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No Hero Collaborates With Xcpt. and A La Moksh on Experimental New EP ‘Sharam Masala’

Bengaluru-based musician No Hero joins forces with hip-hop artists Xcpt and A La Moksh for a bi-lingual, alternative hip-hop and rock-tronica EP

Varshita Ramesh Apr 20, 2017

Album art for ‘Sharam Masala’, experimental EP released by producer No Hero and hip hop artists Xcpt. and A La Moksh . Artwork: Courtesy of the artist 

Akhil Kodamanchili, Aishan Vali, and Sameer Ul Haque are self-described “fun-loving, trailblazing, ass-kicking” degenerates, but they’re the first to point out the irony in the name of their new EP, Sharam Masala, which they believe to be a testament to their hard work, passion and growth as artists””no shame involved. The release marks the first official collaboration between Kodamanchili, who performs under the moniker No Hero, and hip-hop artists Vali and Ul Haque, who go by Xcpt. and A La Moksh respectively, although the trio have been performing together on and off since they first became friends in Hyderabad years ago. “This body of work was actually indicative of a big learning curve that I’ve been through the last year and a half as a producer–some of this music was on my computer while I released a bunch of other music” says Kodamanchili. “I think we all were more grown up at the end of it that when we started this EP.” 

Fuelled by the trio’s raw desire to stand out, the EP serves as a poetic, musically decadent and psychedelic journey. The amalgamation of guitar and synthetic sounds are driven forward by the versatile delivery of articulate lyrics in both English and Hindi. “Originality is really important to us, and I think we’ve managed to approach topics from some new perspectives,” says Vali.

“When you listen to this EP, your current opinions on hip-hop will suffer a great tremor,” agrees Ul Haque. “My goal with this album was to get people introduced to new styles of writing, concepts and to offer something that’s a healthy alternative to those who think hip-hop is all that you see on TV–the overtly sexualized nonsense.”

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Though the trio refrains from taking the ”˜four-chord progression’ way out, their idea of intelligent music is not about complicated melodies or rhythms or philosophically deep concepts, but just about being genuine with your sound and words. Sharam Masala aims to be an EP that treats the listener with respect, with the knowledge that they can keep up with the music. “Far too many artists and labels treat the audience like five year olds who can’t grasp the nuances of anything,” says Vali. “That’s unfair to them. It’s unfortunate that we have to remind the corporations behind mainstream music that.”

Recorded over the course of one year and a lot of disagreements, the four songs in the EP remain loyal to its message. According to Vali, Sharam Masala is about “finding our way through a minefield of information saturation, ruminating about abstract concepts of the self, running into existential questions [and] donning new lens to see the world through.”For example, the song “Wabi Sabi” attempts to subvert the concept of brokenness into something beautiful. “Perfection is a concept that can cage you and beat you down,” says Vali. “Give me ”˜cracked’ but ”˜free’ any day.”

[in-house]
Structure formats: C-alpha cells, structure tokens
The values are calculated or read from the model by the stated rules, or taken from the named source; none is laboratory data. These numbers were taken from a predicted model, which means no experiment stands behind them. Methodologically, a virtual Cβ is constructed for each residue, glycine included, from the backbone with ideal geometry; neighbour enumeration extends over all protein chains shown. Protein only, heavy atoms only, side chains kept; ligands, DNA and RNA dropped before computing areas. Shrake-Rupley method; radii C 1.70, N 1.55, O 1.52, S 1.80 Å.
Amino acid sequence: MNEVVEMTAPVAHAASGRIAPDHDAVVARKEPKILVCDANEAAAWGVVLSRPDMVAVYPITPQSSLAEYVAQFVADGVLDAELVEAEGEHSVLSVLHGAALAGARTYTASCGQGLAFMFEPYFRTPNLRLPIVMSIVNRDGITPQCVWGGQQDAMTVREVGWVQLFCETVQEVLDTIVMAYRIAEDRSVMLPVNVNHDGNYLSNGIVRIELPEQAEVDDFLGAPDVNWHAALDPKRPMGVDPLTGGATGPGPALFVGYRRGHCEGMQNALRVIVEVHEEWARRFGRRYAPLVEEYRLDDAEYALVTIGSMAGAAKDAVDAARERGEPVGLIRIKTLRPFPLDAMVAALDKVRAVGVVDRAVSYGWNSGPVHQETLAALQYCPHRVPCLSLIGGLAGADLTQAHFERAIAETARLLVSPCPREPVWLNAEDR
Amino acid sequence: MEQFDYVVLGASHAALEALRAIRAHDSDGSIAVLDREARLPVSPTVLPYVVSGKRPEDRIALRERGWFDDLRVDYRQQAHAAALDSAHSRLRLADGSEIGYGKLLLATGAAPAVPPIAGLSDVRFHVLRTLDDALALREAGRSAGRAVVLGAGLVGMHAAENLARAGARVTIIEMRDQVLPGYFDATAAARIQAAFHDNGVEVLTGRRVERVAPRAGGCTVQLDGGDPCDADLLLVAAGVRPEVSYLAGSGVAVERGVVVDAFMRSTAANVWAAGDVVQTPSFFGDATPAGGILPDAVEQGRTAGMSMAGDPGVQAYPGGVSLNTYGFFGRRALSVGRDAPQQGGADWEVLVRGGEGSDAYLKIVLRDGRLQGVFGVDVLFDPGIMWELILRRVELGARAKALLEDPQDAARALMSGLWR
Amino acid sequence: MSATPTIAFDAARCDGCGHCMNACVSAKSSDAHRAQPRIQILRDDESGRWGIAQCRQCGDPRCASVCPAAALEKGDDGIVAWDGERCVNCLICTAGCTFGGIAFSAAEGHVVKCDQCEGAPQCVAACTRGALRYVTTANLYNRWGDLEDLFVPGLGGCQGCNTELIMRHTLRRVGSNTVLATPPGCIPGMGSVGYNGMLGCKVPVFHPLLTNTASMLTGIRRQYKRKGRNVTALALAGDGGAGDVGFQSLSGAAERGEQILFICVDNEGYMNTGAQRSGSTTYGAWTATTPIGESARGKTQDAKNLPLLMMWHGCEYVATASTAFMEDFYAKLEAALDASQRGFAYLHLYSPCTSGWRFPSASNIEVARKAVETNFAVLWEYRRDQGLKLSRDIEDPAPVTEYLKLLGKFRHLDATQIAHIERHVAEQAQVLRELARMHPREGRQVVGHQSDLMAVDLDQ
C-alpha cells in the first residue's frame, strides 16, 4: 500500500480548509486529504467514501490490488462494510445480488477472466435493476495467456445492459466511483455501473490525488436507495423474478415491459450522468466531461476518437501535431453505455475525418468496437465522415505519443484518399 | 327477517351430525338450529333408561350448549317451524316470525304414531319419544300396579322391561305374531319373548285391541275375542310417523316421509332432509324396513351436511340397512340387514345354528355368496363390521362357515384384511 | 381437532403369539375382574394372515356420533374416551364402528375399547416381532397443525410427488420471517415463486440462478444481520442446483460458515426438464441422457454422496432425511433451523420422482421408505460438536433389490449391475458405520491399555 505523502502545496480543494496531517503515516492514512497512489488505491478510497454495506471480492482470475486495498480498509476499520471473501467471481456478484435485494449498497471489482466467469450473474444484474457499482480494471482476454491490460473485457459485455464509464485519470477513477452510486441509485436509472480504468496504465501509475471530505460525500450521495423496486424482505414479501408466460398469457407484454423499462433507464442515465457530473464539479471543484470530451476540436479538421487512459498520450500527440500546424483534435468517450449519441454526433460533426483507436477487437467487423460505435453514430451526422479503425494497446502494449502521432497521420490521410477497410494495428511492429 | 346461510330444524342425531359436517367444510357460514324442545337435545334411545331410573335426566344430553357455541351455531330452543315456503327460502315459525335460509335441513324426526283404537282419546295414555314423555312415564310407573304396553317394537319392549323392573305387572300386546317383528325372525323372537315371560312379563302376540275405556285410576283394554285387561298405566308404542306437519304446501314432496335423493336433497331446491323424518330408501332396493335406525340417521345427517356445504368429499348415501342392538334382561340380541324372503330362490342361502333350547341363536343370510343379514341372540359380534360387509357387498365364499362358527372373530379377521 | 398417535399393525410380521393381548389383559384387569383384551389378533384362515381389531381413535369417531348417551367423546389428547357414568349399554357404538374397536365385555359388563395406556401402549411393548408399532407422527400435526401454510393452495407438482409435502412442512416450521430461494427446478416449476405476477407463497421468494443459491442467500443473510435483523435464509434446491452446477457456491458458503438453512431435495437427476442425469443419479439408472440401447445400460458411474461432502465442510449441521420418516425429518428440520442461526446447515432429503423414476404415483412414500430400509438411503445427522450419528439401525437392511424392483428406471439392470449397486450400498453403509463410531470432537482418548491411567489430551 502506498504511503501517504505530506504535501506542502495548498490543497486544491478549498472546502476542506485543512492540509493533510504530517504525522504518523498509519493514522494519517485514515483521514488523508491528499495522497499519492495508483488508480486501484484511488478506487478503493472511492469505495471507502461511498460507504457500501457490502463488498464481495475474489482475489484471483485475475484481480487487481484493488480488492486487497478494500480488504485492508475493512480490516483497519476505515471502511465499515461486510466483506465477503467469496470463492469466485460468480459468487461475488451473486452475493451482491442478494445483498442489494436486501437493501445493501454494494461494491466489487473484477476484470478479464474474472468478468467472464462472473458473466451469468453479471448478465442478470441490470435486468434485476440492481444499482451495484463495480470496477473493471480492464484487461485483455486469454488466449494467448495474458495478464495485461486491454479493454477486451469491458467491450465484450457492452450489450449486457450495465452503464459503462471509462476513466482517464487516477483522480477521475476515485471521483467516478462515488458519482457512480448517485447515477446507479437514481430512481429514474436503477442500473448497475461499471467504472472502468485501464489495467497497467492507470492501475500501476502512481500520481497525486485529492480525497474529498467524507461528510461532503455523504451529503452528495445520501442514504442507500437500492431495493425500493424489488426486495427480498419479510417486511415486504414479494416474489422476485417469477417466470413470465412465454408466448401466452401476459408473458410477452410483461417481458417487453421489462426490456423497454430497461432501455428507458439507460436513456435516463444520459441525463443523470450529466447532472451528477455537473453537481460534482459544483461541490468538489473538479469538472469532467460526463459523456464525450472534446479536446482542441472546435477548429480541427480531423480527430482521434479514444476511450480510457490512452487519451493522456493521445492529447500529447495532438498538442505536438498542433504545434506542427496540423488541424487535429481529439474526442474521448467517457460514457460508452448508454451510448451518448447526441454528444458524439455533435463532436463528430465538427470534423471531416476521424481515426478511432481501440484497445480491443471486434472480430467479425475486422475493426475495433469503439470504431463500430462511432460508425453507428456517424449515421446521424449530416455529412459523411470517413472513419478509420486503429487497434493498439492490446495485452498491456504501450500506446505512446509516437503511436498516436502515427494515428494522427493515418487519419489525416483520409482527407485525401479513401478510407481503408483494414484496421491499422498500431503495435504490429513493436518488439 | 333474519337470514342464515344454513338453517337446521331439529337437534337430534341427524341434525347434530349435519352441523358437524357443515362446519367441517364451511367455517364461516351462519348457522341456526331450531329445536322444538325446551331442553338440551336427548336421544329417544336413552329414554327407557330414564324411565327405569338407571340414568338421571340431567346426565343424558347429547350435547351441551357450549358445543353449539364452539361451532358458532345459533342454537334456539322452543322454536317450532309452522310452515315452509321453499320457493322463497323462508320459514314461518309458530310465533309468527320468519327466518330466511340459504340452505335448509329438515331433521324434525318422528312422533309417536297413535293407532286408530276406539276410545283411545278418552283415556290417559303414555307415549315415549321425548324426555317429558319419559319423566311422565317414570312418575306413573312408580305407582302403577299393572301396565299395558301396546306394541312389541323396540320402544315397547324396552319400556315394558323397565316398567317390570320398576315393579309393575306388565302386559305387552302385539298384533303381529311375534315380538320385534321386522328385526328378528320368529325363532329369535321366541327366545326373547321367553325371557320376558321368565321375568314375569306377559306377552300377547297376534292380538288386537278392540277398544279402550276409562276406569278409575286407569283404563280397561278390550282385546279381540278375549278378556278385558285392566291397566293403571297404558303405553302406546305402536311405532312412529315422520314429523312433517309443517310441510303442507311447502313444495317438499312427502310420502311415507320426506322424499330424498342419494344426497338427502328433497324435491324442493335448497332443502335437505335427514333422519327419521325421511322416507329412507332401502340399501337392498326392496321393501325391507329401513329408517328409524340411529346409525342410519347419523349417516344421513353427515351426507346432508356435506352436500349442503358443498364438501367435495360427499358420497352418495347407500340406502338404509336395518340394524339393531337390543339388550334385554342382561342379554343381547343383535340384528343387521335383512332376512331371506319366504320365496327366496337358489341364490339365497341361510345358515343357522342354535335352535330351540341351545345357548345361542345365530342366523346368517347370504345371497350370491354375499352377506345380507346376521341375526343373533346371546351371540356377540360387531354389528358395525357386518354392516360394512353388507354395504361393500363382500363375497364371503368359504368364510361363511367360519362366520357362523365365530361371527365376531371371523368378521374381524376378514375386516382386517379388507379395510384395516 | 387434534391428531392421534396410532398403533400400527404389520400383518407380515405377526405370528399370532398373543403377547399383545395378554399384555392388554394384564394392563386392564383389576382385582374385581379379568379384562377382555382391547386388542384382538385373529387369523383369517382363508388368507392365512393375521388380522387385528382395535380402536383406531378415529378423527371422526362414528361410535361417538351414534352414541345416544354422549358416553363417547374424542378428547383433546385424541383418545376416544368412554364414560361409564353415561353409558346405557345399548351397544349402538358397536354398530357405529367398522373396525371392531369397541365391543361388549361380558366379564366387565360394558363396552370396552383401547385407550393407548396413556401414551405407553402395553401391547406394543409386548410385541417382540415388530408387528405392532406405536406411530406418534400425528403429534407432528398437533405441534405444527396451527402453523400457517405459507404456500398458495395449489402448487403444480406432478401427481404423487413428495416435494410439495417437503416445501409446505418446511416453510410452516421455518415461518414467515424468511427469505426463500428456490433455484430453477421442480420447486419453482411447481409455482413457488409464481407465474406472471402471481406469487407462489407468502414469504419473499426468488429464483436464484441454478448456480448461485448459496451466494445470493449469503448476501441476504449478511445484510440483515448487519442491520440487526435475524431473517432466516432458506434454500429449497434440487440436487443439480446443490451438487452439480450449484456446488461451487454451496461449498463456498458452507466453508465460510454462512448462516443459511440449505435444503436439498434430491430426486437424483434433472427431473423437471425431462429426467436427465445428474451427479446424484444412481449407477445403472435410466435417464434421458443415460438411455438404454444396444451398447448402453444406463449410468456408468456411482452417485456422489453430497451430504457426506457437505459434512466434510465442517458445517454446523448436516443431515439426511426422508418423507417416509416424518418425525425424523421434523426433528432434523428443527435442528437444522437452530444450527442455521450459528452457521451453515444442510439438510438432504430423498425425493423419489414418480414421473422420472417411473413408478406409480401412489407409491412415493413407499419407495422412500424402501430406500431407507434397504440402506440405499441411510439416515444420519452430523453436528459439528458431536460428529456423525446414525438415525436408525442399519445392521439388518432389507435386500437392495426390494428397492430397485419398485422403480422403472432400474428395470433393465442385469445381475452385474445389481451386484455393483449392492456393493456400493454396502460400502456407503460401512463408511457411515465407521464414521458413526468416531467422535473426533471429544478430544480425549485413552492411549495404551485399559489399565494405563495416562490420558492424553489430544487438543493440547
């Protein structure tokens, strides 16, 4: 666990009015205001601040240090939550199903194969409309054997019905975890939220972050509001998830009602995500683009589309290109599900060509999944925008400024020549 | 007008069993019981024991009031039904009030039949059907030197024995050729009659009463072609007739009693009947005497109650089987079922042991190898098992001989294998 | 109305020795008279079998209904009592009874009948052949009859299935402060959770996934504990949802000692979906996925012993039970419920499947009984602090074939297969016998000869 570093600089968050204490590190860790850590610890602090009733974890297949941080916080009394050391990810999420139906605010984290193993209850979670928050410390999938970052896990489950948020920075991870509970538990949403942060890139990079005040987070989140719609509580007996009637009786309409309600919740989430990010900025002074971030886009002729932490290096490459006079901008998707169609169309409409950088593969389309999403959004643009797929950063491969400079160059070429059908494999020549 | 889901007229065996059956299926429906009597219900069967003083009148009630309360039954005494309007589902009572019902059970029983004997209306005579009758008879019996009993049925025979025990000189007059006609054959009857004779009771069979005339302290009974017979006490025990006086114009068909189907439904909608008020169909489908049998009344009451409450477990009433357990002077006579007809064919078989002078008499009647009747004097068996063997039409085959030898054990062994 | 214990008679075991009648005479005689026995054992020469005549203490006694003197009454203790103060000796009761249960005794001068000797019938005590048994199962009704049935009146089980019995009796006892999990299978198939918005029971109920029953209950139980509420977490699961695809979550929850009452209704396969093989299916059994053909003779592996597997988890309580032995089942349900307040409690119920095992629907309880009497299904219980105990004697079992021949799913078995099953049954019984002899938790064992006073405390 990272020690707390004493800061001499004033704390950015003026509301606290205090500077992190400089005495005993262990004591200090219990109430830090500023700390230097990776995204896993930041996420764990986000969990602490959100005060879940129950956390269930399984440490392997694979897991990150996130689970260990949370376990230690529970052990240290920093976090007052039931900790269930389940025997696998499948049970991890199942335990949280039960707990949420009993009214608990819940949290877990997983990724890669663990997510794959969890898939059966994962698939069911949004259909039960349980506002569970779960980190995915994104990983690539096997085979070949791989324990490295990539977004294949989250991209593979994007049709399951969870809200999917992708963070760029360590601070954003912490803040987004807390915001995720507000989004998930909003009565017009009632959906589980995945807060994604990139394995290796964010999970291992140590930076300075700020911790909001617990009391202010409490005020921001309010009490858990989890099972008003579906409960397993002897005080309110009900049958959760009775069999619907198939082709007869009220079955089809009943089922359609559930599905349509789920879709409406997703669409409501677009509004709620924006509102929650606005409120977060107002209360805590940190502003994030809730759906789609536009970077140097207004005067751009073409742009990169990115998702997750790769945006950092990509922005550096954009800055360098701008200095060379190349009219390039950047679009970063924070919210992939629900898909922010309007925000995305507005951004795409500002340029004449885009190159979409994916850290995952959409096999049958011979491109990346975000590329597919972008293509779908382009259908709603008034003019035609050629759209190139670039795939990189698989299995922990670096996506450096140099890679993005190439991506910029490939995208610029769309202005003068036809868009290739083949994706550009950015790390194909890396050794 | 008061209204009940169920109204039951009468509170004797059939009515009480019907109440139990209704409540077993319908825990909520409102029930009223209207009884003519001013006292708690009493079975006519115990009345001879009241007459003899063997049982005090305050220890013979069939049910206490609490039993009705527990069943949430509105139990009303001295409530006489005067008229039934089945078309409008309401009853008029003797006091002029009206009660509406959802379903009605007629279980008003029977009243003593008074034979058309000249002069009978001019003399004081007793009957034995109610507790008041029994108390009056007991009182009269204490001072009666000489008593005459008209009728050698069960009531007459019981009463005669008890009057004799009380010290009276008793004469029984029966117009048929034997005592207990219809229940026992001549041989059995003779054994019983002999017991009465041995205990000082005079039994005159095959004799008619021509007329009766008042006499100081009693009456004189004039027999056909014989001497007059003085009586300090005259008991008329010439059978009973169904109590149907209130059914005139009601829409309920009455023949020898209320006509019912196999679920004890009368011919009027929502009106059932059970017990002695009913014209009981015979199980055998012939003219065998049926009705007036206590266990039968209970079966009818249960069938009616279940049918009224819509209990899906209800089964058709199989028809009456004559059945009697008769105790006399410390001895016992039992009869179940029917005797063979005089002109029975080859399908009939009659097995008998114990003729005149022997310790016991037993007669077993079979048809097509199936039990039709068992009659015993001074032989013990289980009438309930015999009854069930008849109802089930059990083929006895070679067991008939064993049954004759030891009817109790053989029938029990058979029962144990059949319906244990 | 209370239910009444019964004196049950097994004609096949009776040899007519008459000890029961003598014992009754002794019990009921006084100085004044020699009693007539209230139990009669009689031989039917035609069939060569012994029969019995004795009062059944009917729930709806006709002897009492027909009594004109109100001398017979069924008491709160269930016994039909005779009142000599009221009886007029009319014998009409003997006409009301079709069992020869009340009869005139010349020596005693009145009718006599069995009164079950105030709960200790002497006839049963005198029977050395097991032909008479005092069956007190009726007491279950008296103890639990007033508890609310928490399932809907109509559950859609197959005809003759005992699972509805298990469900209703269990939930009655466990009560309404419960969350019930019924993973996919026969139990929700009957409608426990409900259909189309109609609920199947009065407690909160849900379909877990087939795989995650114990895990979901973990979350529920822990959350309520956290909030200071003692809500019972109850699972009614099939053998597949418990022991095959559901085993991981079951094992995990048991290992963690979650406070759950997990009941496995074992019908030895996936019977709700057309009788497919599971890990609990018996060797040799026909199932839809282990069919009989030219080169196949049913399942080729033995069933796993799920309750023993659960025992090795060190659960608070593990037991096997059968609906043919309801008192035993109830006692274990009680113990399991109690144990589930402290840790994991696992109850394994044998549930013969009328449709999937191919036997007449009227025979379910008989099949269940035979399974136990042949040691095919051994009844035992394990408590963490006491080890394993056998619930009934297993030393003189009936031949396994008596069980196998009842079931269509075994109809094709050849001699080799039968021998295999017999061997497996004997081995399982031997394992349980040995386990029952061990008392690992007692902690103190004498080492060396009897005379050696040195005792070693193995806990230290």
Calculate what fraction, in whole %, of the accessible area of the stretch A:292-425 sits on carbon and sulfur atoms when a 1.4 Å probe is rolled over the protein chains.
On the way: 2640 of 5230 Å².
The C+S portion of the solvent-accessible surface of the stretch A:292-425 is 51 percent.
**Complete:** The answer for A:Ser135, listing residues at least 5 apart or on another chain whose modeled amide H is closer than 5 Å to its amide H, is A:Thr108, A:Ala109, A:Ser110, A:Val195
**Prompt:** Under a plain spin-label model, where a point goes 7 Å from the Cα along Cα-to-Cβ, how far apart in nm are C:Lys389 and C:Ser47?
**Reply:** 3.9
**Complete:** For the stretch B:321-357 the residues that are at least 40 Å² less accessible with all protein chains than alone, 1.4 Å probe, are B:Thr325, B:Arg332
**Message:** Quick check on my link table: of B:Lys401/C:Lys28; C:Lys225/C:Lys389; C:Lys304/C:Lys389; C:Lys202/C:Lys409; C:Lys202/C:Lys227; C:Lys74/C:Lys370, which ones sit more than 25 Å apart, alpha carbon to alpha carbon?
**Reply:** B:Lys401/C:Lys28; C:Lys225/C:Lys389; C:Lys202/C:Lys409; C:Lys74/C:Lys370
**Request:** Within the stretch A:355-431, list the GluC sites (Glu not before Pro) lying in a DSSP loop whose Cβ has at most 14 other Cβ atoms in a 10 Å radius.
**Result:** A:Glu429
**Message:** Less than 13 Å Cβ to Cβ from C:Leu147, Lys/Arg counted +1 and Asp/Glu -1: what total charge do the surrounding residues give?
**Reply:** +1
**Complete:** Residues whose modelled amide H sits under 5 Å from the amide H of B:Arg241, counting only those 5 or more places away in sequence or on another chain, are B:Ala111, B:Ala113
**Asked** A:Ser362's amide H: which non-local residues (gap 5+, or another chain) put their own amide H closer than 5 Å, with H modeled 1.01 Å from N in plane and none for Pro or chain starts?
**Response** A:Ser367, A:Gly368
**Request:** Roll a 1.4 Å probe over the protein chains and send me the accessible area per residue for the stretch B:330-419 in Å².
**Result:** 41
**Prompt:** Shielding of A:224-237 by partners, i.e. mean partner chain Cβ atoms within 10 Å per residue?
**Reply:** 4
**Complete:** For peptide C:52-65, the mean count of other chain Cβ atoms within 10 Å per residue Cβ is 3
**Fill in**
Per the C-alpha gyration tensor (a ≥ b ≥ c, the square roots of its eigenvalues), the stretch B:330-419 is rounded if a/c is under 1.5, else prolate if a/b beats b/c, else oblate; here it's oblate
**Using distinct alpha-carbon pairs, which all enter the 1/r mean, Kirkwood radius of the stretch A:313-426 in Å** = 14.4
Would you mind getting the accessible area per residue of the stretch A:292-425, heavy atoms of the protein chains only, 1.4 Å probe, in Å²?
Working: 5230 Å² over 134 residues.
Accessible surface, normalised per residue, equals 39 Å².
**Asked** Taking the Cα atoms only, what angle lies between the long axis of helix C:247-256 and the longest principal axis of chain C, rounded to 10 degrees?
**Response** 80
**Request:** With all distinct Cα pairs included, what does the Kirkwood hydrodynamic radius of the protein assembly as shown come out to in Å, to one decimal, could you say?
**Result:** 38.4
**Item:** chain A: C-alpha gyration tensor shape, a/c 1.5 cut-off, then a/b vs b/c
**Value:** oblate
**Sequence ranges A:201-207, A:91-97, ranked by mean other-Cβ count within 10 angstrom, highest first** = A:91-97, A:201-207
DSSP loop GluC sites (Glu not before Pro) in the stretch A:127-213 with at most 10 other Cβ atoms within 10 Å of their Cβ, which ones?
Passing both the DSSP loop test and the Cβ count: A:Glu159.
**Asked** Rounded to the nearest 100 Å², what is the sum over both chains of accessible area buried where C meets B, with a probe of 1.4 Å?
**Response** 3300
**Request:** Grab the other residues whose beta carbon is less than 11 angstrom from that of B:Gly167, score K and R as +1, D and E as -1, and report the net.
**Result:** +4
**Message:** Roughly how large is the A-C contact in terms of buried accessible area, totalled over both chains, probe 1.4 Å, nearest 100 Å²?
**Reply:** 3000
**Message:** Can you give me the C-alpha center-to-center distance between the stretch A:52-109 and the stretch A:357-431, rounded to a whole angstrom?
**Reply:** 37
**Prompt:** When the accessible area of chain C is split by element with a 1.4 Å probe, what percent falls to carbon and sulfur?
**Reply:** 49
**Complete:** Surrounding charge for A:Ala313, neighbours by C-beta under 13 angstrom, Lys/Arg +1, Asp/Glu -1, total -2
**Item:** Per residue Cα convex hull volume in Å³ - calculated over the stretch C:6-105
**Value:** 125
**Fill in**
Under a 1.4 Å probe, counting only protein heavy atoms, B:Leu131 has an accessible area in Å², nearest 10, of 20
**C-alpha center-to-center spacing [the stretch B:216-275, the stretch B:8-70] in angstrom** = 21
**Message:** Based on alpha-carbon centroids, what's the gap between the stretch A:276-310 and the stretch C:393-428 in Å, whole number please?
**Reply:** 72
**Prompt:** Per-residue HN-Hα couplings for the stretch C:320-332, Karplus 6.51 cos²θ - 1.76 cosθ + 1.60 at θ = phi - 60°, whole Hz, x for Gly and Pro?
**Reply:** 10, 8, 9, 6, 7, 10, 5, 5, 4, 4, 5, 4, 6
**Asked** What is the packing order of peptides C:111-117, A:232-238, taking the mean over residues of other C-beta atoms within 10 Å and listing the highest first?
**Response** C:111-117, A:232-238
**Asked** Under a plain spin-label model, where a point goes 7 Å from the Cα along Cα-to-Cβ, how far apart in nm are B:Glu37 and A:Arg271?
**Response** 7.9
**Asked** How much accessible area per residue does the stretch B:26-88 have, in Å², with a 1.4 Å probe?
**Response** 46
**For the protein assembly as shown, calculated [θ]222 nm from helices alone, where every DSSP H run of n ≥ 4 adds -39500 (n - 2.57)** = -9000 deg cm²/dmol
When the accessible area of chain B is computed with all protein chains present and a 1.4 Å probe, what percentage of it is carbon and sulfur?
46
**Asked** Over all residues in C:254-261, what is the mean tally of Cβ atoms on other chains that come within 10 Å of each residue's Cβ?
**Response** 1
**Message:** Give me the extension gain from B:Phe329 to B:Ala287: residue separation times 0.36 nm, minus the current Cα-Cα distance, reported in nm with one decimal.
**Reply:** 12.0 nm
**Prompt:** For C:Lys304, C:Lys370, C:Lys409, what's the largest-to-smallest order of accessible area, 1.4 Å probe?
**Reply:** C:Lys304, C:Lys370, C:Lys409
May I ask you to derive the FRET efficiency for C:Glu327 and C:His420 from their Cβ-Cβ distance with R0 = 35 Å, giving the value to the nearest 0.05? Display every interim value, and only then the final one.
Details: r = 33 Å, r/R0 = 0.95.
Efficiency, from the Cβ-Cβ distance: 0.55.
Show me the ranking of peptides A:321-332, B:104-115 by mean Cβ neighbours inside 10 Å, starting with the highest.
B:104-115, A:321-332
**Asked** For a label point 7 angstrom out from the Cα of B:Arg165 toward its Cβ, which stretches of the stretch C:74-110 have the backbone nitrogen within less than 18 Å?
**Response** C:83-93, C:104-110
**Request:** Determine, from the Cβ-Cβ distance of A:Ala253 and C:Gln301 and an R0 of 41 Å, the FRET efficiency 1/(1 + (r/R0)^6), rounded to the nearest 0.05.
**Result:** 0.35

Akhil Kodamanchili aka No Hero: “I do not want people to share my music because it’s cool to.” Photo: Courtesy of the artist

The trio are influenced by a range of musicians such as British guitarist Guthrie Govan, hip-hop group A Tribe Called Quest and even Kerala-based rock band Avial. However, they don’t shy away from looking at some of their influences more critically. “I have to admit I am a musician today because of Linkin Park and I am deeply upset by the way they use their superior resources currently, but they claim it to be them growing up, so I suppose all I can do is be disappointed,” says Kodamanchili. “I do not want people to share my music because it’s cool to. I don’t like to the way every toothpaste claims to be recommended by 90% of all dentists just to make sales… get the drift?”

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Kodamanchili, Vali and Ul Haque have no intentions of stopping at this EP: each have far-reaching ambitions to spread their arms out even farther into the music scene. “If things go exceptionally well, I would like to be producing the next Linkin Park record, have Guthrie Govan do a guest solo on one of my guitar centric tracks and also travel to lot of new places,” says Kodamanchili (given, of course, that “none of the sociopath leaders of the world press any big red buttons before these dreams of mine are realized”). Ul Haque has less international but nonetheless lofty goals: “Currently I’m in a state to make a hell lot of music,” he says. “I’m here to change the whole game of Hindi rap. So [there] ain’t no stopping.”

Vali, for his part, wants to continue forming the sorts of collaborations that birthed Sharam Masala. “I’d like to collaborate with artists that i really respect, across genres. I get a real kick out of trying something new,” he says. “We spend far too much time being hermits. The world could do with a little more face to face interaction.”

Listen to “sights.sounds.city,” a song off ‘Sharam Masala’: 

[youtube width=”640″ height=”360″]https://www.youtube.com/watch?v=NnZWqFiNCbg[/youtube]